Reviews

Jake Bellows: New Ocean

Author: Mike Palmieri
12/01/2013 | In Your Speakers | inyourspeakers.com | Album Review
It is currently 39 degrees in Saratoga. There is a light rain and the cloud coverage is giving the day a sort of melancholic feel that can't be shook. The sky is gray, the air is cool, my skin is damp, this is the perfect atmosphere for New Ocean, Jake Bellows' latest album.

If Bellows sounds familiar, he was the lead singer of Neva Dinova (a band that toured with the likes of Death Cab for Cutie and Bright Eyes). Life led him out of his hometown of Omaha and into Los Angeles. Bellows' career seemed likely to fade away with his departure from the music scene—leaving the band he'd been with for fifteen years and driving away from the city that he called home is a big step for any musician. His career, however, took a turn into film scoring; the events that would lead to the release of his first solo album.

At first listen, Bellows' music felt boring, like something was missing. His work with Neva Dinova never bored and was on par with Bright Eyes and similar acts. But the solution to the problem didn't present itself until the weather changed. New Oceans is an album to listen to on a cold and dismal day. It deserves cloud coverage to set the stage lighting. It calls for minimally busy traffic (both human and vehicular) on the streets, just enough to divert eyes for a few seconds. New Oceans is best served next to a cup of coffee or tea in a coffee shop. That being said, New Oceans isn't necessarily a "cold" album.

Bellows isn't emotionless, he isn't ambivalent, he isn't unconcerned with the quality of sound. He is, however, providing a certain gray feeling to a calm day. "Gray" may be confusing, but listening to the album will result in a feeling of disquietude or boredom on a sunny day. This album truly stands out when the weather reflects the tone of Bellows' music. Everyone is different—of course rainy days can be a downer to some.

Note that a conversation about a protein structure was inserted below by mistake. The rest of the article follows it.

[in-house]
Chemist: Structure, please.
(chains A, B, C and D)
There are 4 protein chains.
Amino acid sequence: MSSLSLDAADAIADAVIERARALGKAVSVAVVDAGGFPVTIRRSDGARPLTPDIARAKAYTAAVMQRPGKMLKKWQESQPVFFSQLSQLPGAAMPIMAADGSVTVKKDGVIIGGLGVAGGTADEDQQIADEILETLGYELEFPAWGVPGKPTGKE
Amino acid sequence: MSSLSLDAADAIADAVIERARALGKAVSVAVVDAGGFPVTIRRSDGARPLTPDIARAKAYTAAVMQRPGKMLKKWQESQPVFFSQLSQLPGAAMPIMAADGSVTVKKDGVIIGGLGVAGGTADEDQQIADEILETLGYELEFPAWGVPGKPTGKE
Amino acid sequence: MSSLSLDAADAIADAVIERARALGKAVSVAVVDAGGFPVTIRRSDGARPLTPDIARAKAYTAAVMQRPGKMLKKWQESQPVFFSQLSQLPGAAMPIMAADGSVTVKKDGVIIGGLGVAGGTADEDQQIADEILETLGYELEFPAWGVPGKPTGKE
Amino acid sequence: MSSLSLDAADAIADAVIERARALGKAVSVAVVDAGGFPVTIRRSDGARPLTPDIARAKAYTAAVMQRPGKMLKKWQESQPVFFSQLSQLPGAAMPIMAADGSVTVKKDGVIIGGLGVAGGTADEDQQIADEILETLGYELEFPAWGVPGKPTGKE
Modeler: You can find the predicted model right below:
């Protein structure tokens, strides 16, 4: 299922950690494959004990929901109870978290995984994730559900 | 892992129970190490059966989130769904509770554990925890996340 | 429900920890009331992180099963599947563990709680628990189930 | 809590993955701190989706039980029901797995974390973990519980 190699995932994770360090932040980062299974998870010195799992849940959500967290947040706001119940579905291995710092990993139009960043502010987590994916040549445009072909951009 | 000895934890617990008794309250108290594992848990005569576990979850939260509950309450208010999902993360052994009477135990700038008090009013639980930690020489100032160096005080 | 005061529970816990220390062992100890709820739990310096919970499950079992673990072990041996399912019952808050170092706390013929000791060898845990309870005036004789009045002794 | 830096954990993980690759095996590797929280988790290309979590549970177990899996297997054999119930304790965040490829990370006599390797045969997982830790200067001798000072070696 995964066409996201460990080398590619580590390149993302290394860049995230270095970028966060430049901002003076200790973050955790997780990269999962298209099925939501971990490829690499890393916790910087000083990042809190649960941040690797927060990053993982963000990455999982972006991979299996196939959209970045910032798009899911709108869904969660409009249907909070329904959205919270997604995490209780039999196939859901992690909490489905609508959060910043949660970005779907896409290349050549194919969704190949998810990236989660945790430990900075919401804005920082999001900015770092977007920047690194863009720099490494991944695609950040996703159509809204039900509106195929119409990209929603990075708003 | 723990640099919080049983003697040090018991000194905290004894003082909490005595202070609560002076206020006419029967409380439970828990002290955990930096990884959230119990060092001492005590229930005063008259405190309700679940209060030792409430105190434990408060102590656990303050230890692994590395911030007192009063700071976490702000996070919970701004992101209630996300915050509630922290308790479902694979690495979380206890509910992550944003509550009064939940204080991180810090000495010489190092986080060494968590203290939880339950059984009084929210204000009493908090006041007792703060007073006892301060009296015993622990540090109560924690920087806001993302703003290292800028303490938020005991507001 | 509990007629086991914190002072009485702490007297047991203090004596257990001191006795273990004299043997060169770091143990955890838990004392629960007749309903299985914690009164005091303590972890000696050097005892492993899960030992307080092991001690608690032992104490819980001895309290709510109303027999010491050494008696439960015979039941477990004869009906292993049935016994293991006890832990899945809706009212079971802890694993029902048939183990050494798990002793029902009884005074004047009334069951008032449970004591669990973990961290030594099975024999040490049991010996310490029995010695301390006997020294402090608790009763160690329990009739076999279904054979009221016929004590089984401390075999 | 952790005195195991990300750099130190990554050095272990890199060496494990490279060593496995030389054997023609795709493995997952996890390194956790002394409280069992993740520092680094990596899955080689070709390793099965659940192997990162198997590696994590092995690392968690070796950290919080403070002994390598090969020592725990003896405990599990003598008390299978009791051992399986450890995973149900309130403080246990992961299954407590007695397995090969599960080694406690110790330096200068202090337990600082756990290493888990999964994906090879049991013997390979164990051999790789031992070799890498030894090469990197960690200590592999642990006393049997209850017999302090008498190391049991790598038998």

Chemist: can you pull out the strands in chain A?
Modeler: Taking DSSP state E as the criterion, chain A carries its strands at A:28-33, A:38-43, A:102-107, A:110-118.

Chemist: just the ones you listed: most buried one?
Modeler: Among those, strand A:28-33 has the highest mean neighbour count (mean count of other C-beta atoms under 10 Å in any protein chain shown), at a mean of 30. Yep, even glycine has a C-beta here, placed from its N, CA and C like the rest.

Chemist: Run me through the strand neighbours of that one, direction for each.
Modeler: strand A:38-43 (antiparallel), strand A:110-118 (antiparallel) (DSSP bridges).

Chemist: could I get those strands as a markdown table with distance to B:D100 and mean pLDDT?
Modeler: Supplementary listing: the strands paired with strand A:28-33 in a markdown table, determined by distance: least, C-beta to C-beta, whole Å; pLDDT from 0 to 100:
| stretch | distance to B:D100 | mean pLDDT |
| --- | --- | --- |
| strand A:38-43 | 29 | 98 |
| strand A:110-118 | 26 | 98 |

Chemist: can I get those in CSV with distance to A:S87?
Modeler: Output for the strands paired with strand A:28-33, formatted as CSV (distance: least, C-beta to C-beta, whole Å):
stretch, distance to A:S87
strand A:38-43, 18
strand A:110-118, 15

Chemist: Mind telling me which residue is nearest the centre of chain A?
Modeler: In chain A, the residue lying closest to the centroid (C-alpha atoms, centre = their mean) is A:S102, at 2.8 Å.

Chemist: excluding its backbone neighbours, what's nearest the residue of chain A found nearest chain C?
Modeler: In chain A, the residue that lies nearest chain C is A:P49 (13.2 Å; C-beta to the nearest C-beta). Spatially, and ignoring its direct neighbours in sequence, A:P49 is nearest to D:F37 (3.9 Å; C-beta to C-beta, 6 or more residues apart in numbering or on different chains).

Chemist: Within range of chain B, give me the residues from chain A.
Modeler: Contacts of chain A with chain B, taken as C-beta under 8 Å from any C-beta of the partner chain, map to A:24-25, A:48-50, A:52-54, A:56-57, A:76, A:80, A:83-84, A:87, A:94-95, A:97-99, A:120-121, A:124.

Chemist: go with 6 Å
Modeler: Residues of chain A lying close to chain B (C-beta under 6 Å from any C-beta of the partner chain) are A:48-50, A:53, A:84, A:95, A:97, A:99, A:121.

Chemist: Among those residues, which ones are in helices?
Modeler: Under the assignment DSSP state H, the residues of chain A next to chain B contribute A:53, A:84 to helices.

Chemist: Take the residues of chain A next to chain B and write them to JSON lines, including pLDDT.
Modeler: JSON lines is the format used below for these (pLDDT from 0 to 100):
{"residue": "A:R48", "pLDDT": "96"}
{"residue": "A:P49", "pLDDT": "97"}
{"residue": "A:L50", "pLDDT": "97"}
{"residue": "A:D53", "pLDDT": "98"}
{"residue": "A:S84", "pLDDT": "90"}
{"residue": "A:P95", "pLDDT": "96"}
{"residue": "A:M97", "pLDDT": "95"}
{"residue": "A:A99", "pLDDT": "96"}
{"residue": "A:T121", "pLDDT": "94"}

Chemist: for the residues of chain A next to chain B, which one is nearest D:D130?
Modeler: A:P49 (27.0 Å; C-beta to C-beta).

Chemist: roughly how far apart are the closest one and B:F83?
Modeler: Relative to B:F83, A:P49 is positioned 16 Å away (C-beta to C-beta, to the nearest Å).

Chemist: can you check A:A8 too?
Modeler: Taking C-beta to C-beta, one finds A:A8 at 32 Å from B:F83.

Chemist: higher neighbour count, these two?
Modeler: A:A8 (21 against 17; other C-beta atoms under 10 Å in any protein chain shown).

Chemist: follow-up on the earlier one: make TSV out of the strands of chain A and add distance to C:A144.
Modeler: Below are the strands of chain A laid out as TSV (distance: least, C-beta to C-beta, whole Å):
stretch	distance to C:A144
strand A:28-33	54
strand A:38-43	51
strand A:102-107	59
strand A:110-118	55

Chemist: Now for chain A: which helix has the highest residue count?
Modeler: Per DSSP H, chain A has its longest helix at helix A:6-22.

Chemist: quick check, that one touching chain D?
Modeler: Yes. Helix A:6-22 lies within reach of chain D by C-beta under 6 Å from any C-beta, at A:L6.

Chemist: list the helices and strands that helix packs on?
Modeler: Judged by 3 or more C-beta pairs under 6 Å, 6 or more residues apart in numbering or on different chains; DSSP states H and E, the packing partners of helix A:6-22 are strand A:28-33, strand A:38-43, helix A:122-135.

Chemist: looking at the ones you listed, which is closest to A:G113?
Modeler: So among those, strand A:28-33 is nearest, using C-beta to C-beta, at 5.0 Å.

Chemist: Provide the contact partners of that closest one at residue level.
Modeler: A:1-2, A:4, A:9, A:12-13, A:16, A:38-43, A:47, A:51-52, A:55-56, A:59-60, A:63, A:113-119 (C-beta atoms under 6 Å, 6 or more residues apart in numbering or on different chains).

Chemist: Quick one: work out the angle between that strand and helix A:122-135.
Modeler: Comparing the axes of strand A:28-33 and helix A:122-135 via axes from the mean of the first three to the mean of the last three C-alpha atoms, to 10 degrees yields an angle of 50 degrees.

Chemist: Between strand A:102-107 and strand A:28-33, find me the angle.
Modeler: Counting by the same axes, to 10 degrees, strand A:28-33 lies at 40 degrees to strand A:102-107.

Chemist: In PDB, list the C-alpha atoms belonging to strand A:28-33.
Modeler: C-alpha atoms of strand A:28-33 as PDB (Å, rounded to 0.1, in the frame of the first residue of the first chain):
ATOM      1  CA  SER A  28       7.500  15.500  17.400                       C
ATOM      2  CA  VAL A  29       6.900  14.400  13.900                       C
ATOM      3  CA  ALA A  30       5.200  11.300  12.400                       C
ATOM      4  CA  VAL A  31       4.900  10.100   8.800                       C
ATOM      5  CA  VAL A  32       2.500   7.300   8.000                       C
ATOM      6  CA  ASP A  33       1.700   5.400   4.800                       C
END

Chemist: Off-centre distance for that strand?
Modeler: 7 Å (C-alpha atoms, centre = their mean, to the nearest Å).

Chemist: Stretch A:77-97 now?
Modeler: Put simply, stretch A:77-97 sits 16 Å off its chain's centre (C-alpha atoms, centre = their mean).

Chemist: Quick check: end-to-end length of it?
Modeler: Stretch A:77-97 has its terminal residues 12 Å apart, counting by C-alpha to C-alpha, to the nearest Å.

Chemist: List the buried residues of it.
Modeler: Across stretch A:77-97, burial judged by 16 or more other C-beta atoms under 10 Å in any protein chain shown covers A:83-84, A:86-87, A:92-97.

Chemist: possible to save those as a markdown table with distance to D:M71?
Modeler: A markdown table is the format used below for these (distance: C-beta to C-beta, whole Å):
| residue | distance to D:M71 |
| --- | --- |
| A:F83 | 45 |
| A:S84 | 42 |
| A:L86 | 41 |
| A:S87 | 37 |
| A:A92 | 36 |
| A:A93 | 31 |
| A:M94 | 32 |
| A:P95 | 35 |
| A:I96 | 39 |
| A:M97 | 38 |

New Ocean is perfect for cold days, warm flannels, and coffee. Do not listen to this album when it's nice out. Why? Listeners won't be able to pay full attention to the quality of lyricism that Bellows provides. The music will be shadowed by the bright sun. The sound of the album will be drowned out by laughter, enjoyment, and happiness.

The lyrics reflect something heart-wrenching. Bellows' voice and music provides the perfect quietude for relaxation. The instrumental work is reminiscent of a folk album, but a bit edgier, not much, but New Ocean is far from being considered an entirely folk album. The production quality is great: a quality sounding record provided by Saddle Creek Records isn't surprising. Bellow's vocal performance on the album remains in an stratospheric state—not a whisper but more of a calm, conversational voice—as if he's melodically talking to the listener. First track, "New Ocean," listeners will discover a strange crescendo. The entire song—slow, near-whisper, secret—is a four minute and thirteen second crescendo. From the beginning the listener will be asking "When is this damned thing going to crescendo?" It will. Don't worry. The following tracks while similar in some ways to the opener, showcase the diversity of the record's sound.

It took bad weather (and over a week of listening) to finally determine that New Ocean isn't as bad as previously thought. What does that say about the album? It really depends on the listener. For those who like dreary weather this album will be great. For those who are listening to music to listen to music: the album will probably be a bore. The first five listens yielded an absolute hatred for the track "All Right Now." But like the weather, those adverse feelings changed.

Bellows provides an album to slow dance to in the kitchen while the kettle whistles. The imagery via lyricism is great—Bellows is truly a talented songwriter. But maybe his songwriting is better for dreary days that need a musical fire to provide listeners some warmth. While the album is impressive, it also boasts an undesirable listening setting to most. Listeners in Seattle, London, and other rainy places might find Bellows' voice to be a bit warming to their weather situation. Otherwise, this album is only one to throw on when it's cold outside.
Jake Bellows: New Ocean

Jake Bellows: New Ocean

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New Ocean

New Ocean

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